The sprawling Ogallala Aquifer in the Great Plains provides freshwater for roughly one-fifth of the wheat, corn, cattle and cotton in the United States. But key parts of the underwater aquifer are being depleted faster than they can be recharged by rain (see map).

300px-Ogallala_changes_1980-1995.svg Regions where the water level has declined in the period 1980-1995 are shown in yellow and red; regions where it has increased are shown in shades of blue. Data from the USGS (Wikipedia)

That raises a question: How long before those areas in decline run out of groundwater for farming?

A recent study in the Proceedings of the National Academy of Sciences tried to come up with an answer for the crucial Kansas section of the aquifer. At current rates of use, farming in that area is likely to peak by 2040 or so due to water depletion.

With better conservation techniques, western Kansas could probably stretch things out so that farm production doesn't peak until the 2070s. But avoiding any sort of peak altogether would require drastic measures — beyond anything contemplated today.

The depletion problem

Aquifers have taken on increasing importance in the last few years as U.S. food production has expanded and drought has become a nagging issue. In regions like western Kansas, where farmers haven't been getting enough rain for their crops, they've depended on irrigation, pulling up water from the Ogallala.

As a result, the aquifer is slowly getting depleted, with the water table dropping by as much as two feet per year in some counties. And once they drain, it could take hundreds or thousands of years for those ancient aquifers, which were first formed millions of years ago, to fully recharge with rainfall.

This isn't news to anyone in the region. As Brett Walton reports in great detail here, Kansas has been talking about how to save water for years. Farmers in the northwest part of the state, for instance, have recently agreed to reduce the amount of water they pump from the Ogallala by 20 percent over the next five years. Last year, the state legislature enacted a new system of water rights to provide incentives to conserve.

And it's not just Kansas. Across the Great Plains region, farmers have been experimenting with water conservation practices, such as crop rotation, as well as more-efficient watering techniques like center pivot or drip irrigation. Others are placing their faith in new varieties of drought-resistant crops.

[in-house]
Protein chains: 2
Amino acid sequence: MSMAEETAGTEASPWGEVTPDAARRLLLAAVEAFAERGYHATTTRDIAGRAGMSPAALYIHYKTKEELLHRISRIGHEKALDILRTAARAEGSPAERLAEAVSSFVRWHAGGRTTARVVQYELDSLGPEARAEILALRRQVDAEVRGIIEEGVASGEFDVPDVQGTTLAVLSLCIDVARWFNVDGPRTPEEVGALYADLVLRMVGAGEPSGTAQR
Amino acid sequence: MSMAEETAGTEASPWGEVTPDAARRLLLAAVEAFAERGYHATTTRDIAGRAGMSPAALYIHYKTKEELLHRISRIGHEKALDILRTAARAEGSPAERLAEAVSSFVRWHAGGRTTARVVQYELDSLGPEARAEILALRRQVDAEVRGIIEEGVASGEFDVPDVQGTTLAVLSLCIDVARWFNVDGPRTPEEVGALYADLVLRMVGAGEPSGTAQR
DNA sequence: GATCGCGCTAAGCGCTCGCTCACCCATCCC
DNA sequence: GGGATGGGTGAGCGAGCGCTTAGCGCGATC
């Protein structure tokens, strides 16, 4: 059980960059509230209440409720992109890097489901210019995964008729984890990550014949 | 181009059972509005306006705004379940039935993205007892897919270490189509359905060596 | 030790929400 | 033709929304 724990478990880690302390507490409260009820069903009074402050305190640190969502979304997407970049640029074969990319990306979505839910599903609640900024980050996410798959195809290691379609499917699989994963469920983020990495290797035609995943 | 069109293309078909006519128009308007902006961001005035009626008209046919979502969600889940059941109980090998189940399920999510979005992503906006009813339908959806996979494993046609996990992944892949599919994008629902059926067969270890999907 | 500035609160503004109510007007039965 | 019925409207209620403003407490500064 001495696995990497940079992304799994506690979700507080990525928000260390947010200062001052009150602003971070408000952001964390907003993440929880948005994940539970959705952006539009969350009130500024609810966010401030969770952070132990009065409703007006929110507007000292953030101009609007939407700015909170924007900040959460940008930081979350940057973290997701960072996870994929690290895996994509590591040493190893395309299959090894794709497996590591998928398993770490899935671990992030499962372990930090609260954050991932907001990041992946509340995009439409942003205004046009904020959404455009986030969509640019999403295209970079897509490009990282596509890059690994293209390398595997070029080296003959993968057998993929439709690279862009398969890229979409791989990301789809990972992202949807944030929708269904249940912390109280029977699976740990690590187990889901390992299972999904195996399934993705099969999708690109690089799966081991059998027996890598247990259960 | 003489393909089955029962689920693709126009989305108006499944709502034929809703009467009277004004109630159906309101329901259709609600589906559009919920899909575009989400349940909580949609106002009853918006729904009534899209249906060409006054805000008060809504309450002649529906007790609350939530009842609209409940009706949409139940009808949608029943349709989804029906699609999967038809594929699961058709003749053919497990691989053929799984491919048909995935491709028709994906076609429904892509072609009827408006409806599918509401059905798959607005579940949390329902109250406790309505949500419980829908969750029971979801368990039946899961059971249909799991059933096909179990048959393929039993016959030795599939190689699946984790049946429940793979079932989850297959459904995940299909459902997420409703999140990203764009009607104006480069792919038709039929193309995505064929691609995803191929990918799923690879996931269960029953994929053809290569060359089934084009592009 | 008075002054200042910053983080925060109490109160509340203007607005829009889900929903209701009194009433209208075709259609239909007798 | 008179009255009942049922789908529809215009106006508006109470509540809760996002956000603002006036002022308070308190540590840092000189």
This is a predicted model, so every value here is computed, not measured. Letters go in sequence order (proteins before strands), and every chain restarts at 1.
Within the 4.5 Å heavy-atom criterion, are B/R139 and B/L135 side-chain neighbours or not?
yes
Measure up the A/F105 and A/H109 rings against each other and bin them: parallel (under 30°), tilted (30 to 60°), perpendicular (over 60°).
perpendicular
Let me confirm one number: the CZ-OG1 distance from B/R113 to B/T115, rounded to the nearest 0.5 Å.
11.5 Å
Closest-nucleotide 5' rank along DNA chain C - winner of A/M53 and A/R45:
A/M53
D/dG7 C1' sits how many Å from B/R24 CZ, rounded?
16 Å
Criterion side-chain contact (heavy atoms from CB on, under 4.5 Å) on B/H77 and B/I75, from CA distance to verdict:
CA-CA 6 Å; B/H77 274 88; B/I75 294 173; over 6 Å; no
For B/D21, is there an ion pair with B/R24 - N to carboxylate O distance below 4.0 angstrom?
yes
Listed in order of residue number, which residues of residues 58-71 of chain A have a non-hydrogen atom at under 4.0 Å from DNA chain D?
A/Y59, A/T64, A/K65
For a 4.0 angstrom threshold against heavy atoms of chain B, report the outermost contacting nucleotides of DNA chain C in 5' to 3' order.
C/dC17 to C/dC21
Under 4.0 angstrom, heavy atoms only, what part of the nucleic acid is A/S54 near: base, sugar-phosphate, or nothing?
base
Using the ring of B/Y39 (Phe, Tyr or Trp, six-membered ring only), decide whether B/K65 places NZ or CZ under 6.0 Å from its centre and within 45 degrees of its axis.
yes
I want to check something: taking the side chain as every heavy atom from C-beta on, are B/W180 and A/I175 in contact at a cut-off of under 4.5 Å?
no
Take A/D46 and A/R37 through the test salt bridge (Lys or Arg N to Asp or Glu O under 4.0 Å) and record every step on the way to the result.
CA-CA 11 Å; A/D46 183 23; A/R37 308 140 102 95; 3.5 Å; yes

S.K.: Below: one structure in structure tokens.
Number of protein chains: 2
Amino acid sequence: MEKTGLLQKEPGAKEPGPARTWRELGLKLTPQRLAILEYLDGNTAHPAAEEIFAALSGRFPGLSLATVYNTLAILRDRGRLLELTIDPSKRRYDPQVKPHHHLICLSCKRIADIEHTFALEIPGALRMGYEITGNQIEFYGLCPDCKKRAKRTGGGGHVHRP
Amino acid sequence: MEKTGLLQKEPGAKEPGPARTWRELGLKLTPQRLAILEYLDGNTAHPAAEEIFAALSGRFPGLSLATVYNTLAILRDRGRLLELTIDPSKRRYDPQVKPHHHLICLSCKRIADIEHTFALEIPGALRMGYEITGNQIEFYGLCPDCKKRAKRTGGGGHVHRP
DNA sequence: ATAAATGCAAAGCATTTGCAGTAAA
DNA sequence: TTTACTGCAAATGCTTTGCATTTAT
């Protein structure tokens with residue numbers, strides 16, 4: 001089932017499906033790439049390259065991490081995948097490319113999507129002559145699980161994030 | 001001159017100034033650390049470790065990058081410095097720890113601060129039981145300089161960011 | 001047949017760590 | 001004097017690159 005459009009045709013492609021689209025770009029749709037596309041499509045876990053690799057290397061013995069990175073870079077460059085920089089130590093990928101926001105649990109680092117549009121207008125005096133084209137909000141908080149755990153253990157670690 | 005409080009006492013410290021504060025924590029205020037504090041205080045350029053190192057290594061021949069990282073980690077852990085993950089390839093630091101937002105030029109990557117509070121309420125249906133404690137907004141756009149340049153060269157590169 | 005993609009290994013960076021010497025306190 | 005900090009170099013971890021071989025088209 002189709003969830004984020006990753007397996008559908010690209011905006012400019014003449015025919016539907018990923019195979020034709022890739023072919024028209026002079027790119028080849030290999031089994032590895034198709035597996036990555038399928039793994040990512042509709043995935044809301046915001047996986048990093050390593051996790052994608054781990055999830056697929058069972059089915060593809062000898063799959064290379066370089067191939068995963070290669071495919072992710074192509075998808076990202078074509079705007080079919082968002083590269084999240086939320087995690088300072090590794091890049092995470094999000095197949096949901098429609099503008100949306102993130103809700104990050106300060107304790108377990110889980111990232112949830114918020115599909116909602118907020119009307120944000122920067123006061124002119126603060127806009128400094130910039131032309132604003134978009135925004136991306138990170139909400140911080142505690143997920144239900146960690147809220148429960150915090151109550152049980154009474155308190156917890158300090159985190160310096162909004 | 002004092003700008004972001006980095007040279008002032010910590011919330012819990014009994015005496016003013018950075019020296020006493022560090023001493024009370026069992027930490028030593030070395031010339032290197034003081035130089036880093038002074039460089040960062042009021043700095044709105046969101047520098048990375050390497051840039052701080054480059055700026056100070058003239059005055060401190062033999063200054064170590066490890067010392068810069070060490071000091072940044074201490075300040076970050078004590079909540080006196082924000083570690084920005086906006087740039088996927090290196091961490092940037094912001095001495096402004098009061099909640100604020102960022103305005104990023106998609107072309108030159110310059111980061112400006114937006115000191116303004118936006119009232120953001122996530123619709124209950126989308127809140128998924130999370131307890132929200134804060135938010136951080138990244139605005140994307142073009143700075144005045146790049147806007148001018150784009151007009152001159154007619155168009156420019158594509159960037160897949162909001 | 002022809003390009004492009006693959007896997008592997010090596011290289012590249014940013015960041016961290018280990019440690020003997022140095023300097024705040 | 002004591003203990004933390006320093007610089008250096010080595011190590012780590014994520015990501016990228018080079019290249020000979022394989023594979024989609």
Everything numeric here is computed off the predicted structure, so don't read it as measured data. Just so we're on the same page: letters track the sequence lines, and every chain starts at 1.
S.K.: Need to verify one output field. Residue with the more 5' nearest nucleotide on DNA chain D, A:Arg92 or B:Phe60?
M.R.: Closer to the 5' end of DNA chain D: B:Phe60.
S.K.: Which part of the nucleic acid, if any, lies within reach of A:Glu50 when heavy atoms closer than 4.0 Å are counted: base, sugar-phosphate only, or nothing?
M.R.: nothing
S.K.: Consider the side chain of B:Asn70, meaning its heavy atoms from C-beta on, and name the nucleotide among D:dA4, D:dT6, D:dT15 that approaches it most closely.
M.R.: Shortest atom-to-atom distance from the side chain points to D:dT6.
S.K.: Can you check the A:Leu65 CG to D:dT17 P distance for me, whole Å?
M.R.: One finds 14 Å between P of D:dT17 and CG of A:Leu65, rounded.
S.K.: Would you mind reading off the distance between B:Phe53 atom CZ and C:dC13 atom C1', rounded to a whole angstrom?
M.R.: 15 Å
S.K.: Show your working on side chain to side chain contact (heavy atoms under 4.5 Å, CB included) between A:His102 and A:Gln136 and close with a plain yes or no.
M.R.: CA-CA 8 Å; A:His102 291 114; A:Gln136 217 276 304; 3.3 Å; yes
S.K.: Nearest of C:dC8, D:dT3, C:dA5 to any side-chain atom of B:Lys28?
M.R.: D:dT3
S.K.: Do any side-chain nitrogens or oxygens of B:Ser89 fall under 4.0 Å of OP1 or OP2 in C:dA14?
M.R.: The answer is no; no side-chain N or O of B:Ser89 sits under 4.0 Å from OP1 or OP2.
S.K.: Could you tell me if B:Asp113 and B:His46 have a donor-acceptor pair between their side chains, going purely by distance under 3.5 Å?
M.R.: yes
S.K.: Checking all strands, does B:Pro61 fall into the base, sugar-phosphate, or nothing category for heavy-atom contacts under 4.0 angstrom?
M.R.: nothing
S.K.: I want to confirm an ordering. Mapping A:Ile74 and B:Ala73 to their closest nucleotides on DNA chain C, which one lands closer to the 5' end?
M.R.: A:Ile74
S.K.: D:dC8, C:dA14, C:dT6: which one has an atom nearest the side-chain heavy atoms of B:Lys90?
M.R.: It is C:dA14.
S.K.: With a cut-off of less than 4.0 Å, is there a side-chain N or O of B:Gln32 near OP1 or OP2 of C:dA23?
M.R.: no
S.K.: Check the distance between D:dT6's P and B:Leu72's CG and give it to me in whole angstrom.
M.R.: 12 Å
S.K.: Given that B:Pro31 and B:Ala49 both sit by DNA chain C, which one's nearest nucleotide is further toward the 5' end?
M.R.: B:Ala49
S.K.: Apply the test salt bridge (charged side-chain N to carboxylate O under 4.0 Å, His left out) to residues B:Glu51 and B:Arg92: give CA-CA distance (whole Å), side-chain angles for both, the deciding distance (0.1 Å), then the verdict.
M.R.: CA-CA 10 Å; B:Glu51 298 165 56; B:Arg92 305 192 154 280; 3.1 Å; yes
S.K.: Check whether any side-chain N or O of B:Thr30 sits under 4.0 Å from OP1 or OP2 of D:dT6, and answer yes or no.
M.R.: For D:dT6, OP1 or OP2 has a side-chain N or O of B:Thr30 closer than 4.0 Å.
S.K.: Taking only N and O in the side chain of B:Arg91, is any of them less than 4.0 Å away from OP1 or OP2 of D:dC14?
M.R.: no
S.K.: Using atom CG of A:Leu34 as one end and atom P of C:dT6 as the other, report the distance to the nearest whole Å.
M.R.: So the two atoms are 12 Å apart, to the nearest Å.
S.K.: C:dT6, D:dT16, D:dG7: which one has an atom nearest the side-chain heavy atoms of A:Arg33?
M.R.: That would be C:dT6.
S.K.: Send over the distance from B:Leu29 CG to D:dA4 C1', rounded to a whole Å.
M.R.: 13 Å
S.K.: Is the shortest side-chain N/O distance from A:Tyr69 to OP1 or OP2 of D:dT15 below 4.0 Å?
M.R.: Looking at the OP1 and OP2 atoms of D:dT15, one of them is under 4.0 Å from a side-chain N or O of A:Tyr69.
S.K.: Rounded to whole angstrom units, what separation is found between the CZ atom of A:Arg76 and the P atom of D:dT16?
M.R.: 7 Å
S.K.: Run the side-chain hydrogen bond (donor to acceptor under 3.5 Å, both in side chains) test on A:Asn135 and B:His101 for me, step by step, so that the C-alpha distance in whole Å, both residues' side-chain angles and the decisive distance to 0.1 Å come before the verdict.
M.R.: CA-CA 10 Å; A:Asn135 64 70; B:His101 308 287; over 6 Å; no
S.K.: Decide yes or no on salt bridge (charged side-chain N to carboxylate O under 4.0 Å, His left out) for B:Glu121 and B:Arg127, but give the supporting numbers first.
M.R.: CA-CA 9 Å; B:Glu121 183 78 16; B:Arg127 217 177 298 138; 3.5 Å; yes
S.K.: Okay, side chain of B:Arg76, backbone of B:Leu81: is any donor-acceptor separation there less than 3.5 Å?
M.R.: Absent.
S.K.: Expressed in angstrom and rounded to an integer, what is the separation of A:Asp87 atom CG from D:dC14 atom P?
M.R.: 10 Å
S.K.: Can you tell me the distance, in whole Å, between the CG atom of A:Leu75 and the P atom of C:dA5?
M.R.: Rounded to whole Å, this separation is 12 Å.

The question is how much good these moves can do.

How much water is left?

Cows take advantage of irrigation sprinklers in their field near Marcola, Ore. Wednesday July 29, 2009. (AP Photo/The Register-Guard, Kevin Clark)

That brings us to the latest PNAS study, led by David Steward of Kansas State University. Researchers found that 30 percent of the Kansas portion of the Ogallala Aquifer has already been pumped out, and another 39 percent will get used up in the next half-century at existing rates. Kansas, clearly, is on the fast track to depletion. As a result, agriculture production is likely to peak around 2040 and decline after that.

There's a way to alter that course, however. The study found that if farmers and other users could cut the amount of groundwater pumping by 20 percent immediately — that is, the cuts that farmers in the northwest have proposed — that could extend the life of the aquifer significantly. Farming wouldn't have to peak until the 2070s, and it would fall more gently thereafter.

That looks doable. Water use efficiency is already increasing by 2 percent per year, the study found, thanks to better crop genetics and irrigation techniques. And a separate paper this year from Kansas State University found that immediately cutting groundwater use in the region by 30 percent would be possible with existing technologies. The economic hit would be modest: In many cases, the gains from extending the life of the farmland would outweigh the upfront costs.

But now what if Kansas wanted to farm sustainably and keep its aquifer around forever? That's more daunting. As Steward and his colleagues found, farmers would have to cut their groundwater pumping by 80 percent today — to bring depletions in line with rainwater recharge. This would require a drastic reduction of corn and cattle production.

"That ain’t gonna happen," notes John Fleck, a journalist who has been tracking water issues out West for many years. (And credit to Fleck for calling our attention to the study in the first place.)

The authors of the PNAS study seem to agree that it's unlikely that farmers in the Plains would realistically cut water usage enough to make the aquifer last for all time. "Eventually," they conclude, "the southwest and northwest districts in Kansas will realize the fate emerging in the west central district, where shallower groundwater stores have resulted in decreased well yields, well abandonment, and conversion back to dryland." The key question is how long that day of reckoning can be put off.


-- Brett Walton's coverage of Ogallala water issues for Circle of Blue has been excellent. See here for his story on Kansas depletions.

-- Here's where the world us running out of water, in one map.

-- Farmers are turning to engineered corn to adapt to drought. But will it be enough?

-- By the way, there's also some concern that the Keystone XL pipeline could threaten part of the Ogallala. See this story by Steven Mufson for more.